How to Be Ready for a Hurricane


NEW YORK (MainStreet) — This could be a stormy year, hurricane-wise.

The National Oceanic and Atmospheric Administration's Atlantic Hurricane Season Outlook calls for a 70% chance of up to 20 storms with winds forces of 39 miles per hour or stronger.

Up to 11 of those storms could officially become "hurricanes" — storms classified as having wind force of 74 miles per hour or higher. Up to six of those storms could be "major" hurricanes, with winds of 111 miles per hour or stronger:

Three climate factors that strongly control Atlantic hurricane activity are expected to come together to produce an active or extremely active 2013 hurricane season. These are:
  • A continuation of the atmospheric climate pattern, which includes a strong west African monsoon, that is responsible for the ongoing era of high activity for Atlantic hurricanes that began in 1995
  • Warmer-than-average water temperatures in the tropical Atlantic Ocean and Caribbean Sea
  • El Nino is not expected to develop and suppress hurricane formation.

Americans along the Eastern Seaboard need to be ready, the agency says.

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"The start of hurricane season is a reminder that our families, businesses and communities need to be ready for the next big storm," says Joe Nimmich, the U.S. Federal Emergency Management Administration associate administrator for response and recovery. "Preparedness today can make a big difference down the line, so update your family emergency plan and make sure your emergency kit is stocked."

Those preparation tips are just for starters.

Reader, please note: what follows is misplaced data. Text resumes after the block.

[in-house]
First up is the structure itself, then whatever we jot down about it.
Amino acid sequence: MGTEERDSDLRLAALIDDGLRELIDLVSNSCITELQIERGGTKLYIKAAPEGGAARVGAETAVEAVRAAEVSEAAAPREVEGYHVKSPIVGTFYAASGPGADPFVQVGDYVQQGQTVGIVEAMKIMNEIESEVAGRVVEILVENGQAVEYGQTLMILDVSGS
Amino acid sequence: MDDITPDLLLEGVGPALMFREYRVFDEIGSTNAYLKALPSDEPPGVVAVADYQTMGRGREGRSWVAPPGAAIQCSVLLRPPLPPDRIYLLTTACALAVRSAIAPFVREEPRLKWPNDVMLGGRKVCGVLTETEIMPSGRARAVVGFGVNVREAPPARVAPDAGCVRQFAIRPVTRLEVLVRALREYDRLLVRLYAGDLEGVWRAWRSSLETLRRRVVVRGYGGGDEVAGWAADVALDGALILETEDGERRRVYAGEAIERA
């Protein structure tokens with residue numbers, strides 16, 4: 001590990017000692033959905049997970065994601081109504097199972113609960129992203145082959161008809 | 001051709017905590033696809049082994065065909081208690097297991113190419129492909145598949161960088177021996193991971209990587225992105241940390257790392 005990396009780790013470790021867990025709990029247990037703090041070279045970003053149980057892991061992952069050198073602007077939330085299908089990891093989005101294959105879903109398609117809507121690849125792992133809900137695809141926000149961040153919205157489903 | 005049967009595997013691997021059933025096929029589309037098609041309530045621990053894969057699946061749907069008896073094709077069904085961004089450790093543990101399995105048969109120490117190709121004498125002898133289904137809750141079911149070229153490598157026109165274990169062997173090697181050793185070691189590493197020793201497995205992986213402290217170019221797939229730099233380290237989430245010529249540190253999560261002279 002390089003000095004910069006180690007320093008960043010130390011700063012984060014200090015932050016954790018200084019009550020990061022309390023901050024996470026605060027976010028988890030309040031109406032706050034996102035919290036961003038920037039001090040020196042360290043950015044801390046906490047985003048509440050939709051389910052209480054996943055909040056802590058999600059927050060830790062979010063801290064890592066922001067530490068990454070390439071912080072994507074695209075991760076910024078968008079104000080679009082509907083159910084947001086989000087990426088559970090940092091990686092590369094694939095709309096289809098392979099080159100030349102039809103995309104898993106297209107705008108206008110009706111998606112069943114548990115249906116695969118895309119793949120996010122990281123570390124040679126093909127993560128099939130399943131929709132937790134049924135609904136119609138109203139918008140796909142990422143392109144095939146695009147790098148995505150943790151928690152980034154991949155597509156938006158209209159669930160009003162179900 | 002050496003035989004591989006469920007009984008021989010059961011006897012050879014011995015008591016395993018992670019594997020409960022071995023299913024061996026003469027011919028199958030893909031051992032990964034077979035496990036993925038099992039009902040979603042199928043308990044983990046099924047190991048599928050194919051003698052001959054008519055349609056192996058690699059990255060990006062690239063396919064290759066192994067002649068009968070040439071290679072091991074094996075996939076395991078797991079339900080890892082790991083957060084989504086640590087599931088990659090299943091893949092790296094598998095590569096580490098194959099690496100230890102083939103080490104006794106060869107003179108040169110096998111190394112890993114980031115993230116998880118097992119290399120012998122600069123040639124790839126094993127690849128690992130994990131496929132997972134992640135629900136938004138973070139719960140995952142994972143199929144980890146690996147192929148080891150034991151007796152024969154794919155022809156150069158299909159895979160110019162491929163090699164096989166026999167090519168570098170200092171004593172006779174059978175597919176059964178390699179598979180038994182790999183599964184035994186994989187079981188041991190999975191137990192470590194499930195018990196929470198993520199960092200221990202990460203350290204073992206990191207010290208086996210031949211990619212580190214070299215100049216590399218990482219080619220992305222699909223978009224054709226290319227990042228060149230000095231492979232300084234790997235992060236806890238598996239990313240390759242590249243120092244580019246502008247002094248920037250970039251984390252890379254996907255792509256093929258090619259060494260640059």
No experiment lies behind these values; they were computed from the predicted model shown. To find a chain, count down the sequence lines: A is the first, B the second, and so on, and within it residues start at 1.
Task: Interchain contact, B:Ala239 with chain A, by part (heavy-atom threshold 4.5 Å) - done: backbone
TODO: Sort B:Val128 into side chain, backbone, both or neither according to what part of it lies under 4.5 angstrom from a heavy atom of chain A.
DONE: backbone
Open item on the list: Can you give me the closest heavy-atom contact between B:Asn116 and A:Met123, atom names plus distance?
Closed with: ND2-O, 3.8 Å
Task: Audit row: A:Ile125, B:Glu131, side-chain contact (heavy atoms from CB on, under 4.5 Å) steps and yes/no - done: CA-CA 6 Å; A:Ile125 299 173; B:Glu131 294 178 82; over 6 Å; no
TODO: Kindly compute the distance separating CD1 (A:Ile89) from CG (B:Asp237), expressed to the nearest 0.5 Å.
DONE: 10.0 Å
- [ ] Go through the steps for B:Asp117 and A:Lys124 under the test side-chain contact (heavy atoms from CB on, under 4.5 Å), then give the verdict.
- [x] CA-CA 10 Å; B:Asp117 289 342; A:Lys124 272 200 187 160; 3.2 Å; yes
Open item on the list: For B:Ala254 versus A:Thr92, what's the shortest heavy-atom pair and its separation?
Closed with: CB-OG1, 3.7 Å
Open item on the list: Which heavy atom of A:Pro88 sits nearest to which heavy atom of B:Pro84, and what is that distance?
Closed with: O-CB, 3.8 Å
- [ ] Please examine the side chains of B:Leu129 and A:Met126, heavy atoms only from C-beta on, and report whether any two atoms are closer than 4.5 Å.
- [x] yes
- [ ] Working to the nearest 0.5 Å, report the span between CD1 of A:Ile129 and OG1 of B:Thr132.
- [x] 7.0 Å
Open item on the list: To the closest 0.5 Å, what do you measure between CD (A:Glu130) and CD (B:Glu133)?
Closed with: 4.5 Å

Travelers , the Hartford, Conn.-based life insurance company, is out this week with some helpful tips to prepare against this year's potential version of Hurricane Sandy, which caused damage estimated at starting at $50 billion.

"While most severe hurricanes form later in the season, waiting to prepare could leave you without a plan for managing your risks, which includes reviewing hazards around your home or business, taking steps to help minimize damage and having necessary insurance coverages," says Marty Henry, senior vice president at Travelers Risk Control. "Planning for storm season is not something that should be taken lightly."

Here's what Travelers advises in preparing for a busy hurricane season:

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Have an evacuation plan. Families need to have a reliable, well-practiced evacuation plan ready to go before disaster strikes. That plan should include a communications element so family members can keep in touch. Cellphones may be out during a hurricane, and you can't depend on them. Stay close, but establish a safe meeting place to go if a storm hits and you get separated.

Create a "content inventory" kit. Homeowners should film or at least take photos of the items in their home before a hurricane. That establishes what is owned, what they items are valued at and can help streamline insurance claims after the storm. For more-valuable items, photograph the items' make and model number. Don't forget the stuff in drawers and closets.

Create a hurricane survival kit. Every house should have a hurricane survival kit to help get them safely through the storm. According to Travelers, that kit should include:

  • Canned food and other nonperishable food, along with a non-electric can opener
  • Enough water for a gallon of water per person, per day
  • Toiletries and personal items
  • Flashlights and plenty of batteries
  • A portable radio and/or television
  • Prescription medications
  • Extra clothing and blankets
  • A first-aid kit
  • Emergency cash and credit cards
  • A copy of your insurance policy
  • A copy of an inventory of your home's contents
  • Other personal documents

Travelers also advises conducting some outside-the-home due diligence to prepare for a storm, including trimming trees close to the home, cleaning any gutters filled with leaves and other debris and checking that drains and sump pumps are operating in peak fashion.

Also, charge your cellphone in the event you do have service during a hurricane.

Americans shouldn't take hurricanes lightly — certainly, residents of New York and New Jersey hit by Sandy never will again.

— By Brian O'Connell

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